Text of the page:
Practitioner review: long-term pharmacological treatment of pediatric bipolar disorder. J Child Psychol Psychiatry

ArticleinJournal of Child Psychology and Psychiatry 55(9) · June 2014with34 Reads
Impact Factor: 6.46 · DOI: 10.1111/jcpp.12271 · Source: PubMed

    Abstract

    Background:
    Although long-term treatment is a core aspect of the management of children and adolescents with bipolar disorder (BD), most clinical recommendations are based on results from short-term studies or adult data. In order to guide clinical practice, we review the efficacy and safety profile of mood stabilizers, antipsychotics, and other pharmacological strategies for the long-term treatment of BD in pediatric patients.

    Methods:
    A MEDLINE, EMBASE, Cochrane and PsycInfo search (inception through November 2013) was performed to identify prospective studies longer than 12 weeks assessing the use of pharmacological strategies for the long-term treatment of BD in pediatric patients (0-18 years of age).

    Results:
    Four randomized controlled trials (RCT) [three placebo-controlled (assessing aripiprazole (2) and flax oil), and one head-to-head comparison of lithium vs. divalproex], and thirteen noncontrolled studies (six open-label studies assessing lithium or anticonvulsants, five assessing second-generation antipsychotics (SGAs) and four assessing combination strategies) were included in the review. Aripiprazole has shown efficacy for relapse prevention in children with pediatric bipolar disorder (PBD) 4-9 years of age in one placebo-controlled RCT. Positive results have been reported in noncontrolled studies with quetiapine and lithium for relapse prevention, as well as with lithium, quetiapine, ziprasidone, and the combination of risperidone and divalproex or lithium for long-term symptom reduction in PBD. The most frequently reported adverse events in children and adolescents treated with lithium and anticonvulsants are gastrointestinal and neurological, whereas use of SGAs is mainly related to weight gain and sedation.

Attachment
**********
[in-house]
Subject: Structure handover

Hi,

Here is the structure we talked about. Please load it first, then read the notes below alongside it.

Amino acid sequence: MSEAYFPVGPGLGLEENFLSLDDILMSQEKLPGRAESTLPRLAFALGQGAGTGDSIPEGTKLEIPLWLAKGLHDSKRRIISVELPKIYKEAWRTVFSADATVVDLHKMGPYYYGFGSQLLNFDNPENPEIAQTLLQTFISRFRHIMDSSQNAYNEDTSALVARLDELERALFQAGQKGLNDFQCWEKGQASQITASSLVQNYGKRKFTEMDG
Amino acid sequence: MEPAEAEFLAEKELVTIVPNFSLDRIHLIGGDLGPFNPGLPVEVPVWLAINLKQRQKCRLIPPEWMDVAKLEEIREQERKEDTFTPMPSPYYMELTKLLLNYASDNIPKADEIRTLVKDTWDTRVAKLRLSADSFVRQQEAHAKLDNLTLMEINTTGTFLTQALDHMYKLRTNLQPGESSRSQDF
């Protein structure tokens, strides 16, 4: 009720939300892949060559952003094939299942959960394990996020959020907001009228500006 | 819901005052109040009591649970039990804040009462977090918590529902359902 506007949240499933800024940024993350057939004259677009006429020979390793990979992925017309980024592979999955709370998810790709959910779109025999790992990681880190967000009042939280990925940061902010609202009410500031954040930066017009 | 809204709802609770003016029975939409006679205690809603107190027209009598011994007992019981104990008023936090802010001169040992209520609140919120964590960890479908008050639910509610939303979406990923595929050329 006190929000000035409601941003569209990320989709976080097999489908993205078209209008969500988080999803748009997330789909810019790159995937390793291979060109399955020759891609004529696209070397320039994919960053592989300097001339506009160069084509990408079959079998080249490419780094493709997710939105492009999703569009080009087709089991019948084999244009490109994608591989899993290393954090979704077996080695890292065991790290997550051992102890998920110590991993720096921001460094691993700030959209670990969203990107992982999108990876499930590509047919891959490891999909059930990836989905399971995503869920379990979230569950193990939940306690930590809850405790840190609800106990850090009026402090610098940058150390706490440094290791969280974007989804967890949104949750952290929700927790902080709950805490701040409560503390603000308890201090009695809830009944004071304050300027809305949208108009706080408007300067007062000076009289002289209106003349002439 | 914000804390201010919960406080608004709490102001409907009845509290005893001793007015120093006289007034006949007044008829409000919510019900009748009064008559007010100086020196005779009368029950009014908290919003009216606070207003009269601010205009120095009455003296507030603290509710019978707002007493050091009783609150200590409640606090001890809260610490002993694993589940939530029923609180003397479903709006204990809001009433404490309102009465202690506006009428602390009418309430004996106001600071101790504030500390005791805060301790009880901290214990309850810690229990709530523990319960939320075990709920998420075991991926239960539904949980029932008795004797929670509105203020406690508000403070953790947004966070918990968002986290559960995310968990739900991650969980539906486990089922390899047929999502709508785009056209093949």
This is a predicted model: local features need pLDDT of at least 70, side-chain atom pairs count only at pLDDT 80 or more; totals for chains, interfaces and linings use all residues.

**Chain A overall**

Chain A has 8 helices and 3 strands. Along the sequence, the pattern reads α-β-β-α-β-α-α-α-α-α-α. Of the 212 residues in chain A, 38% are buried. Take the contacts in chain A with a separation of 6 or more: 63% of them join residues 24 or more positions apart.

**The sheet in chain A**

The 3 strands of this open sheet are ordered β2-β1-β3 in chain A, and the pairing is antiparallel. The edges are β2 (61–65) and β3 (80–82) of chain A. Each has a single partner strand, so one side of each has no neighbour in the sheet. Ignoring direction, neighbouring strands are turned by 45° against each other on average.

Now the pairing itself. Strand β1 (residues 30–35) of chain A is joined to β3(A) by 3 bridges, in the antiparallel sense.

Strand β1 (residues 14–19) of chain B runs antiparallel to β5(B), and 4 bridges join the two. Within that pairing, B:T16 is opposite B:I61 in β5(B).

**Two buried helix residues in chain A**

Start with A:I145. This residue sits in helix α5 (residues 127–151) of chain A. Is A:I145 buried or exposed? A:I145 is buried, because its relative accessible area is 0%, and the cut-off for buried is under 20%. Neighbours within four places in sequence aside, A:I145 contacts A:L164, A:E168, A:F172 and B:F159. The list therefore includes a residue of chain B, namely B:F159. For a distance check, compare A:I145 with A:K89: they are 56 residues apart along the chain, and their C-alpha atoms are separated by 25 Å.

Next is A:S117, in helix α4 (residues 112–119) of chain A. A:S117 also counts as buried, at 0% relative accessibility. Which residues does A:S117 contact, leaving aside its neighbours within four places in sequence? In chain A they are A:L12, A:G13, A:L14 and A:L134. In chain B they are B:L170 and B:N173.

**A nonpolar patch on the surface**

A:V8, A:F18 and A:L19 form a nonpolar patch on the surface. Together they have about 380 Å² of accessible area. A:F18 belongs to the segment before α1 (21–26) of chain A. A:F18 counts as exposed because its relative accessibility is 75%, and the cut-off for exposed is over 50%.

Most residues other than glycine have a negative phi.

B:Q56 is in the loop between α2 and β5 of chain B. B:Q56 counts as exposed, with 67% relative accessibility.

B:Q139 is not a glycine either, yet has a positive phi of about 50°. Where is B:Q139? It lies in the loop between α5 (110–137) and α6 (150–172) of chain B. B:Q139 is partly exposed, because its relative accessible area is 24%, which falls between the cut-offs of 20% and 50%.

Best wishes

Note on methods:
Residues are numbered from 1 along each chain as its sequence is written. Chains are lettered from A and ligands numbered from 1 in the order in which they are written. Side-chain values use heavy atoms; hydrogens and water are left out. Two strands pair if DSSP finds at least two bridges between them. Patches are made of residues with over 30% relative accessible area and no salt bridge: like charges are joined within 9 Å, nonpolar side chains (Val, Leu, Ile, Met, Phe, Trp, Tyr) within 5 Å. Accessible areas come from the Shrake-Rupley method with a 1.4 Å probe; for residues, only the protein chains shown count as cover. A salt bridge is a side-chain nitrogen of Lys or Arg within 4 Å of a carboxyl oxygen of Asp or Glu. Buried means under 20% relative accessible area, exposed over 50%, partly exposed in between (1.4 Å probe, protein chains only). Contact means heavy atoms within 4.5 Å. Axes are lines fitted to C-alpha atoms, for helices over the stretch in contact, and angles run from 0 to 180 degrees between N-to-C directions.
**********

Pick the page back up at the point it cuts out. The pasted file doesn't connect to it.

Conclusion:
    According to the limited empirical evidence, aripiprazole can be useful for relapse prevention in children with PBD. Given the lack of consistent efficacy data, clinical decision making should be based on individual clinical aspects and safety concerns.